Obtaining Small Business Loans Under the CARES Act

If you own a small business that is suffering from the economic downturn caused by the COVID-19 pandemic, you may qualify for financial assistance through the Coronavirus Aid, Relief, and Economic Security (CARES) Act. This federal law, passed in March 2020, provides $376 billion in pandemic relief money for American workers and small businesses — those with fewer than 500 employees. Nonprofit organizations also qualify.

The law provides for two types of loans: Paycheck Protection Program (PPP) Loans to continue paying their workers and Economic Injury Disaster Loans (EIDL) to pay rent, utility bills and other operational costs. In addition, EIDL applicants are eligible for a $10,000 grant for use as working capital.

The application deadline for PPP loans has been extended to August 8, while EIDL applications may be submitted through December.

Here are important things to know about the PPP and EIDL programs:

  • Independent contractors can apply — PPP loans are available to sole proprietors, independent contractors and workers who are self-employed. However, these applicants must satisfy eligibility requirements, such as proof of filing payroll tax.
  • Generous coverage — PPP loans will cover up to 2.5 times a business’s average monthly payroll.
  • Restriction to SBA-approved lenders — PPP loans up to $10 million are available only through lenders approved by the Small Business Administration (SBA). You can find an SBA-approved lender on the SBA website.
  • Loan forgiveness — After eight weeks have passed since the loan was issued, the lender will review your expenses and forgive the portion of the loan used to pay for them. Any amount not forgiven becomes a two- to five year loan with a 1 percent interest rate.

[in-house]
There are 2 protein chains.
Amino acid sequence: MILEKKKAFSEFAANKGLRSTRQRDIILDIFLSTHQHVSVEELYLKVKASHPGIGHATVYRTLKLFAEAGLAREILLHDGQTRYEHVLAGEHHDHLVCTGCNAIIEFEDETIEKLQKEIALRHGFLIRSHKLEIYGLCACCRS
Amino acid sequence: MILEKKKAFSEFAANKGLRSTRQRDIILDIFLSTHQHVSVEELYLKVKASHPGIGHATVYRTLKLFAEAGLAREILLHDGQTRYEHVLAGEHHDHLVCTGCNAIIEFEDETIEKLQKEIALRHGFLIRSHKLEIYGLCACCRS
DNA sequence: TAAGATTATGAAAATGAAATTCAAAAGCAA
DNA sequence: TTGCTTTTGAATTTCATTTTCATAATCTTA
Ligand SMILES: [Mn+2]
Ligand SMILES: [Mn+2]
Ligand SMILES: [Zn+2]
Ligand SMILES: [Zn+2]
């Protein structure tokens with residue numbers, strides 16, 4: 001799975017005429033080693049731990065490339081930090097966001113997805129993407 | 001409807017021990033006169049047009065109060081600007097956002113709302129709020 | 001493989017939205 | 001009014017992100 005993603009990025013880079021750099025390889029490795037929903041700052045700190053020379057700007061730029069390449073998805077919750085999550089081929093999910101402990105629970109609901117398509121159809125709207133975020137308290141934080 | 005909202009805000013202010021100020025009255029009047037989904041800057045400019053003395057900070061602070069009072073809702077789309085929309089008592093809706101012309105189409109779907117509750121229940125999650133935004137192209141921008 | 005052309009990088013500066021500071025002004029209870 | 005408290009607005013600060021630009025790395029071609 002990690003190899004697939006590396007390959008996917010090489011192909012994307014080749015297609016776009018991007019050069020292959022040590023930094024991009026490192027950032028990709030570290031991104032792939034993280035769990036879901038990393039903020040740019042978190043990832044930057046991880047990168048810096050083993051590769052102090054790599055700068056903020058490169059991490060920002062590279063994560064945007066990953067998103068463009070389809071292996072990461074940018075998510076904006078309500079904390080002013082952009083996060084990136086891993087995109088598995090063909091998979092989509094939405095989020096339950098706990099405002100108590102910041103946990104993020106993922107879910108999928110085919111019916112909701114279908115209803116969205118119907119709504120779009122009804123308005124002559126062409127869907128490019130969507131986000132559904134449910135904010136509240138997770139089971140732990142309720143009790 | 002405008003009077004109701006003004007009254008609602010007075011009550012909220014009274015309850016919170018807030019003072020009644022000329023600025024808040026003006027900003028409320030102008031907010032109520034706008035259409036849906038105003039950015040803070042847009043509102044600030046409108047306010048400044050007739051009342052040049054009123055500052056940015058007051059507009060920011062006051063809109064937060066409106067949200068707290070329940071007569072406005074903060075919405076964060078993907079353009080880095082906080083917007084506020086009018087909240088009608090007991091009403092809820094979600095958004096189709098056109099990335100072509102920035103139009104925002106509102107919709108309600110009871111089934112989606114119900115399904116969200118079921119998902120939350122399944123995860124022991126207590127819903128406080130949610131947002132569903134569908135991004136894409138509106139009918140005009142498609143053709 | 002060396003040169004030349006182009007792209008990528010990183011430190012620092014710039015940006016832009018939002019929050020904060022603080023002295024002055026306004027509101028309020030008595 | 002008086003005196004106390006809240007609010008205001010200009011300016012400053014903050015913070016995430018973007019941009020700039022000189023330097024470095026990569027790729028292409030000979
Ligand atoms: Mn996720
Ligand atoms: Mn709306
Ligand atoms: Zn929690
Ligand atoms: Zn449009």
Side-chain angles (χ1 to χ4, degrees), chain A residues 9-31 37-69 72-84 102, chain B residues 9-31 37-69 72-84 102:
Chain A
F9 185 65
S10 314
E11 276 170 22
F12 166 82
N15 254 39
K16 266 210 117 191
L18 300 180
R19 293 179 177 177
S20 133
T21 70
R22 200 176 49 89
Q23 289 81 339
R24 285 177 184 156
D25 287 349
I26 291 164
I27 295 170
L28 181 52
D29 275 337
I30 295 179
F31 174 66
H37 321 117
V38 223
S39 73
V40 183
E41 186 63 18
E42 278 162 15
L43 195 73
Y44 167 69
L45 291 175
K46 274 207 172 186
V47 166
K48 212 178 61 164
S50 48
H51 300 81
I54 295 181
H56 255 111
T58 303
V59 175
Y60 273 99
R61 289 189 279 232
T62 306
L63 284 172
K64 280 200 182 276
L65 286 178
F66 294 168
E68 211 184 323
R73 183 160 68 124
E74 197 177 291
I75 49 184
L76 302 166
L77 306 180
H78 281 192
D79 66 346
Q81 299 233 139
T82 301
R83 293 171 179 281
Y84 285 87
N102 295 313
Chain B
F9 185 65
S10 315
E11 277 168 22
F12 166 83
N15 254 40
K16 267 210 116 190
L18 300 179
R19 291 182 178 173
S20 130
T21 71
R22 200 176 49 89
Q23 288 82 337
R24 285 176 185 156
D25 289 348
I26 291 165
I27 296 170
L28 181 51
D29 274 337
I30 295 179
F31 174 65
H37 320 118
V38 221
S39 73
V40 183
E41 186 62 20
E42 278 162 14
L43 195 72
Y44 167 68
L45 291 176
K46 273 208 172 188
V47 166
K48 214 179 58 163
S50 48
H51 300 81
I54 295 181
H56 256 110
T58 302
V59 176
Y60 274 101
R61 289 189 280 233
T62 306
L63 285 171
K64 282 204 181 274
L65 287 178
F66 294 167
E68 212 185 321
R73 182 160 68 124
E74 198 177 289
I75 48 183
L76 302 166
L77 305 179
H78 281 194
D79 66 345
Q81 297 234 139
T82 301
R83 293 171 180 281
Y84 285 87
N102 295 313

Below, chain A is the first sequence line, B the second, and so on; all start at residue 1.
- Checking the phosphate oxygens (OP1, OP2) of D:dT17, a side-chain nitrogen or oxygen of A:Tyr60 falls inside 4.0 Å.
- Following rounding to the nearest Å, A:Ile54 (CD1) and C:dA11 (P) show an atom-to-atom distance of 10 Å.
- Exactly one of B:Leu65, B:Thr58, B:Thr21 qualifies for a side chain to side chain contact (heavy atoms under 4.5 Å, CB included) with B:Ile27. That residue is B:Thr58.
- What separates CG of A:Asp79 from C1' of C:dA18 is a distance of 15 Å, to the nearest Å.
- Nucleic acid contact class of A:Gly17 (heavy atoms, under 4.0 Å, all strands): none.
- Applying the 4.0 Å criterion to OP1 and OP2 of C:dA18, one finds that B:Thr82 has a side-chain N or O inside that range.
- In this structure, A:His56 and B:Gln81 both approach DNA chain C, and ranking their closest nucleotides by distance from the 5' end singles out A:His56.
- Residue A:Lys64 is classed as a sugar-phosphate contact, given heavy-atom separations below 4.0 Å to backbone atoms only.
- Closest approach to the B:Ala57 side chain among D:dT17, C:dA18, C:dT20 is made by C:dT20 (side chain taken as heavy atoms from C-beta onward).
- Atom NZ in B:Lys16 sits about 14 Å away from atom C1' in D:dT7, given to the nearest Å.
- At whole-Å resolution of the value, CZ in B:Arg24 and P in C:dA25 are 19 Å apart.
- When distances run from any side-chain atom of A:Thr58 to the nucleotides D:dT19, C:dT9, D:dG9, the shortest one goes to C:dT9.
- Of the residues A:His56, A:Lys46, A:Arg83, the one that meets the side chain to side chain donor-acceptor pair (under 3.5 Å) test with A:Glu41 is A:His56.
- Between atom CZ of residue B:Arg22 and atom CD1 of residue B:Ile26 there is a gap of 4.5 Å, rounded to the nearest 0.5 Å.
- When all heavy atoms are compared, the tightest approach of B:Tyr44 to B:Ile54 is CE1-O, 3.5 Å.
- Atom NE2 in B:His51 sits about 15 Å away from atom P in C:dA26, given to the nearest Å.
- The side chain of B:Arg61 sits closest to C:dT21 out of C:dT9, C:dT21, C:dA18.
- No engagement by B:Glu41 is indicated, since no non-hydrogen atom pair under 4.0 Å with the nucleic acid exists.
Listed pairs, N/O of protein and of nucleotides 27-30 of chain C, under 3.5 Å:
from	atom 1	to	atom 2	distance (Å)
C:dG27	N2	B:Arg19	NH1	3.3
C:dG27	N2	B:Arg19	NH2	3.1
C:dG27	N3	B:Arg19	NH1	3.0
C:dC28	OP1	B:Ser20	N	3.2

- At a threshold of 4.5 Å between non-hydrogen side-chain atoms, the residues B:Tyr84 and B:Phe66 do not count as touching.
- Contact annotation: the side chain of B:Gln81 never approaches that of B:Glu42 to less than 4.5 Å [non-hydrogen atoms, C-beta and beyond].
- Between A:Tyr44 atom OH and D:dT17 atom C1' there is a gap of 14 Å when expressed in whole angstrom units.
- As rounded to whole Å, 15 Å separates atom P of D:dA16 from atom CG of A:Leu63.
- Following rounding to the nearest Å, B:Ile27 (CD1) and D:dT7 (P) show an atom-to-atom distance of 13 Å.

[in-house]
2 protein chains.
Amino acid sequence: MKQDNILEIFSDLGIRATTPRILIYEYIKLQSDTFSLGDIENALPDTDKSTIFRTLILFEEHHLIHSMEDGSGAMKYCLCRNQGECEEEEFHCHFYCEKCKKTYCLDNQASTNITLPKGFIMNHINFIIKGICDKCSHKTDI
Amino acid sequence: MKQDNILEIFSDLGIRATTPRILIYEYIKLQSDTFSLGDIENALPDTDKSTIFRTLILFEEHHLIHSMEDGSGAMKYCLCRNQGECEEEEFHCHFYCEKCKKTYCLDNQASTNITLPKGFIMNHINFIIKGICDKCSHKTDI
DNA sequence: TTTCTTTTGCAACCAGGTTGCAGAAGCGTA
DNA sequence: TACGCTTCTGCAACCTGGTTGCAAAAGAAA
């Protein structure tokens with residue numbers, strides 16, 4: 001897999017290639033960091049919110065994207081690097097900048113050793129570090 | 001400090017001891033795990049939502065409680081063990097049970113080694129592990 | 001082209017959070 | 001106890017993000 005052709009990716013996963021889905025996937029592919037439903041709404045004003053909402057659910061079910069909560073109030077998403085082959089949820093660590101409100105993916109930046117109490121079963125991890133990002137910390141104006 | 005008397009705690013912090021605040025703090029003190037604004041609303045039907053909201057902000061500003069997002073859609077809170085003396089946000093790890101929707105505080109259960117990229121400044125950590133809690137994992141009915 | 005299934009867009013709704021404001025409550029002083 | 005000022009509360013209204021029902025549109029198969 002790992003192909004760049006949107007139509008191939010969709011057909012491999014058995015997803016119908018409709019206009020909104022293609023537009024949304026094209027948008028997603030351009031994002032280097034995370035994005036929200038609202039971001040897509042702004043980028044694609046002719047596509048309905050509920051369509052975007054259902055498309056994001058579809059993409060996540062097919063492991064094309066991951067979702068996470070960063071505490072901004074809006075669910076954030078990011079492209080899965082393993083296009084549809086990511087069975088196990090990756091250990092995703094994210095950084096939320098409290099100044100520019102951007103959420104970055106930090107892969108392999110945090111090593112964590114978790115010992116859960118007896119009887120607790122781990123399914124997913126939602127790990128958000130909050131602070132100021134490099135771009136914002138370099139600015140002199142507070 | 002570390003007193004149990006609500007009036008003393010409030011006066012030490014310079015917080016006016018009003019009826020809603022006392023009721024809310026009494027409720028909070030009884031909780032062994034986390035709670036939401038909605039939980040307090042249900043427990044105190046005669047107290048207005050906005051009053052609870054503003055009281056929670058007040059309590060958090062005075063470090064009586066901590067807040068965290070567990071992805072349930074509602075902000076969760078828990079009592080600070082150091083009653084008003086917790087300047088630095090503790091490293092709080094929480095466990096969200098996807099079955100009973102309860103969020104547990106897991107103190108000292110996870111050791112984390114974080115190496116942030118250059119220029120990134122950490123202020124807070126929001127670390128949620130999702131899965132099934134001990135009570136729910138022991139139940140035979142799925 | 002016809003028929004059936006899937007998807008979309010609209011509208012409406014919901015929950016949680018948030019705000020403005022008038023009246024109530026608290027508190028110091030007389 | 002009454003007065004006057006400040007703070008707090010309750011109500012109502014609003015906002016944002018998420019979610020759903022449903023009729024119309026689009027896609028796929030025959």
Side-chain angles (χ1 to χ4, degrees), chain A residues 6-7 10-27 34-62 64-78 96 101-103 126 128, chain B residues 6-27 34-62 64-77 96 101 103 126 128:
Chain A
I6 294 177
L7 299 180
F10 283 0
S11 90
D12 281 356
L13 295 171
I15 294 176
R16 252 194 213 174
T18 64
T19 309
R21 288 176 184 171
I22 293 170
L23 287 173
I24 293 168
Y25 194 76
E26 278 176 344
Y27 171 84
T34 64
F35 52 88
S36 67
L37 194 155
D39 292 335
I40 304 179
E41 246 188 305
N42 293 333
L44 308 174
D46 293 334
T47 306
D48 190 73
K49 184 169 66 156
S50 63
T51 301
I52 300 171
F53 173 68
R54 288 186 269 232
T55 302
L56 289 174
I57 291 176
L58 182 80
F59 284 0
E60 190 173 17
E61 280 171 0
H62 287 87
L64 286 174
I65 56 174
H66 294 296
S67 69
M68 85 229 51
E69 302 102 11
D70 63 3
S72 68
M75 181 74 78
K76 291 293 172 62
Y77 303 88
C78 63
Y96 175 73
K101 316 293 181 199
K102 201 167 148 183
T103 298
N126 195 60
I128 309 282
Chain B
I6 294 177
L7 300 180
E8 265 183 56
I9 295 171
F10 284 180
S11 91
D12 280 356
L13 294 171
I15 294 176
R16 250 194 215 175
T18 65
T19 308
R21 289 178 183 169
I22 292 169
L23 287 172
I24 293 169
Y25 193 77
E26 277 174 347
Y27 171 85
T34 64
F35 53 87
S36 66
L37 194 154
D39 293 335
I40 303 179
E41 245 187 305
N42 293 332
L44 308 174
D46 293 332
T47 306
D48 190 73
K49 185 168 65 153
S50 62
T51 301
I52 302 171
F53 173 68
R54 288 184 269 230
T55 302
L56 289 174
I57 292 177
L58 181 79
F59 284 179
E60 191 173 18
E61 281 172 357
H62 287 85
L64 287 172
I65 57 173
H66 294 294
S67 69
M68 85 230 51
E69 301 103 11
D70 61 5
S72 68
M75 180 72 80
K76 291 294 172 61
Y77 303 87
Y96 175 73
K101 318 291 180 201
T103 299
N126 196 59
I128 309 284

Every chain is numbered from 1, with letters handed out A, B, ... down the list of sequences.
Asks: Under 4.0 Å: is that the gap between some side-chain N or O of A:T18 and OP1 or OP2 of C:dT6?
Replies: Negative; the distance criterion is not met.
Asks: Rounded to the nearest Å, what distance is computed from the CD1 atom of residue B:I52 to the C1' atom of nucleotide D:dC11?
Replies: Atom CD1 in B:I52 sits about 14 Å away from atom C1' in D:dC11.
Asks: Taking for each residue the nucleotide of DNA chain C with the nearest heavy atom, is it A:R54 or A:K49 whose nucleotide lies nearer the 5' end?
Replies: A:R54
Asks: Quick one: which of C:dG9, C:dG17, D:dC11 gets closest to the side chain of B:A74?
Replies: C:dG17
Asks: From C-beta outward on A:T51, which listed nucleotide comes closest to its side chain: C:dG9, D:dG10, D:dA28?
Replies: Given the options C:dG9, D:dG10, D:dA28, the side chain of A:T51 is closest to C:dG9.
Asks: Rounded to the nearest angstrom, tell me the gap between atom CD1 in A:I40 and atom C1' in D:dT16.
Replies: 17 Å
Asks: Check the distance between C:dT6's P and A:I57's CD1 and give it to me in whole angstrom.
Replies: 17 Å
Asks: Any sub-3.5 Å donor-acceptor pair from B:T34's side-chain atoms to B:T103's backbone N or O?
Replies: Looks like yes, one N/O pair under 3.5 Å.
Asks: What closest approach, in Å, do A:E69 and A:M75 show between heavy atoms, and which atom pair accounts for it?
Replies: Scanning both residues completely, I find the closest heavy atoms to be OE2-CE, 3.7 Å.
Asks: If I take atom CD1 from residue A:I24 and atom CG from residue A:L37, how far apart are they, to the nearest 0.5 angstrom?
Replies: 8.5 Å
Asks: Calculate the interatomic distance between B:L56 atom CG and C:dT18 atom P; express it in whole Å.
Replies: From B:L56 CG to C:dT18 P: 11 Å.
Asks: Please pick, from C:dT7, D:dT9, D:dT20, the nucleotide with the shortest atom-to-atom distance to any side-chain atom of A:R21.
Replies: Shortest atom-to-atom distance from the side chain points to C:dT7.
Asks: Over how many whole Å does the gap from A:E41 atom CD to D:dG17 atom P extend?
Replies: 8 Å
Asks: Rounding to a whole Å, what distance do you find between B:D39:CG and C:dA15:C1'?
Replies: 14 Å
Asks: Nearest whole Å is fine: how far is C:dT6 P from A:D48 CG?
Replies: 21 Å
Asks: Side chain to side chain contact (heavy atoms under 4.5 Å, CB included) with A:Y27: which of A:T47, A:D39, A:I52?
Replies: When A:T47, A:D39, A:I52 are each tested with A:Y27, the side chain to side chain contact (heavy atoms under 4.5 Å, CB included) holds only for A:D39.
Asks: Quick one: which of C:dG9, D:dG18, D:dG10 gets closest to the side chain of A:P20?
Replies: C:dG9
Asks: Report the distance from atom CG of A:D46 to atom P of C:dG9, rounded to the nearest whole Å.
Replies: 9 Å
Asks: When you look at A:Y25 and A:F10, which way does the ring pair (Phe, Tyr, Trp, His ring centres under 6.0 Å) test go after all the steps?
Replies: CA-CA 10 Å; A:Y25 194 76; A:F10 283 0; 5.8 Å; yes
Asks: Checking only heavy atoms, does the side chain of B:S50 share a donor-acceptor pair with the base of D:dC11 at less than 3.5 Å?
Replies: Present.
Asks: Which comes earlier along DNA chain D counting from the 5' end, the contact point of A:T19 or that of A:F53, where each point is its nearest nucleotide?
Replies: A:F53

• EIDL funds capped at $2 million per business — A small business can get up to $2 million in EIDL money. Unlike PPP loans, which are arranged through third party lenders, EIDL loans are administered solely by the SBA.
  • Low interest rates and deferred payments — Small businesses pay a 3.75 percent interest rate for EIDL loans, while non-profits pay 2.75 percent. Repayment is automatically deferred for one year, though interest still accrues over the first year. Payment on PPP loans is deferred for six months but interest accrues during deferment.
  • No double dipping — Businesses can apply for a PPP loan and an EIDL loan simultaneously but they can’t dip into both loans for the same expense. A business that uses PPP money can’t use EIDL funds to supplement its payroll.

Although the rules governing these loans are still in flux, the SBA’s goal is to make as much money as possible freely available to small businesses in need. Notably, the SBA has waived the “credit elsewhere test,” which usually requires loan applicants to show that they have pursued other credit resources without success. Also waived is any requirement to secure the loan with real estate or other collateral.

Salas Law Firm advises small business owners in the greater Fort Lauderdale area. For assistance with PPP or EIDL loans or on any matter related to the CARES Act, contact us online to schedule a consultation.

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John Salas

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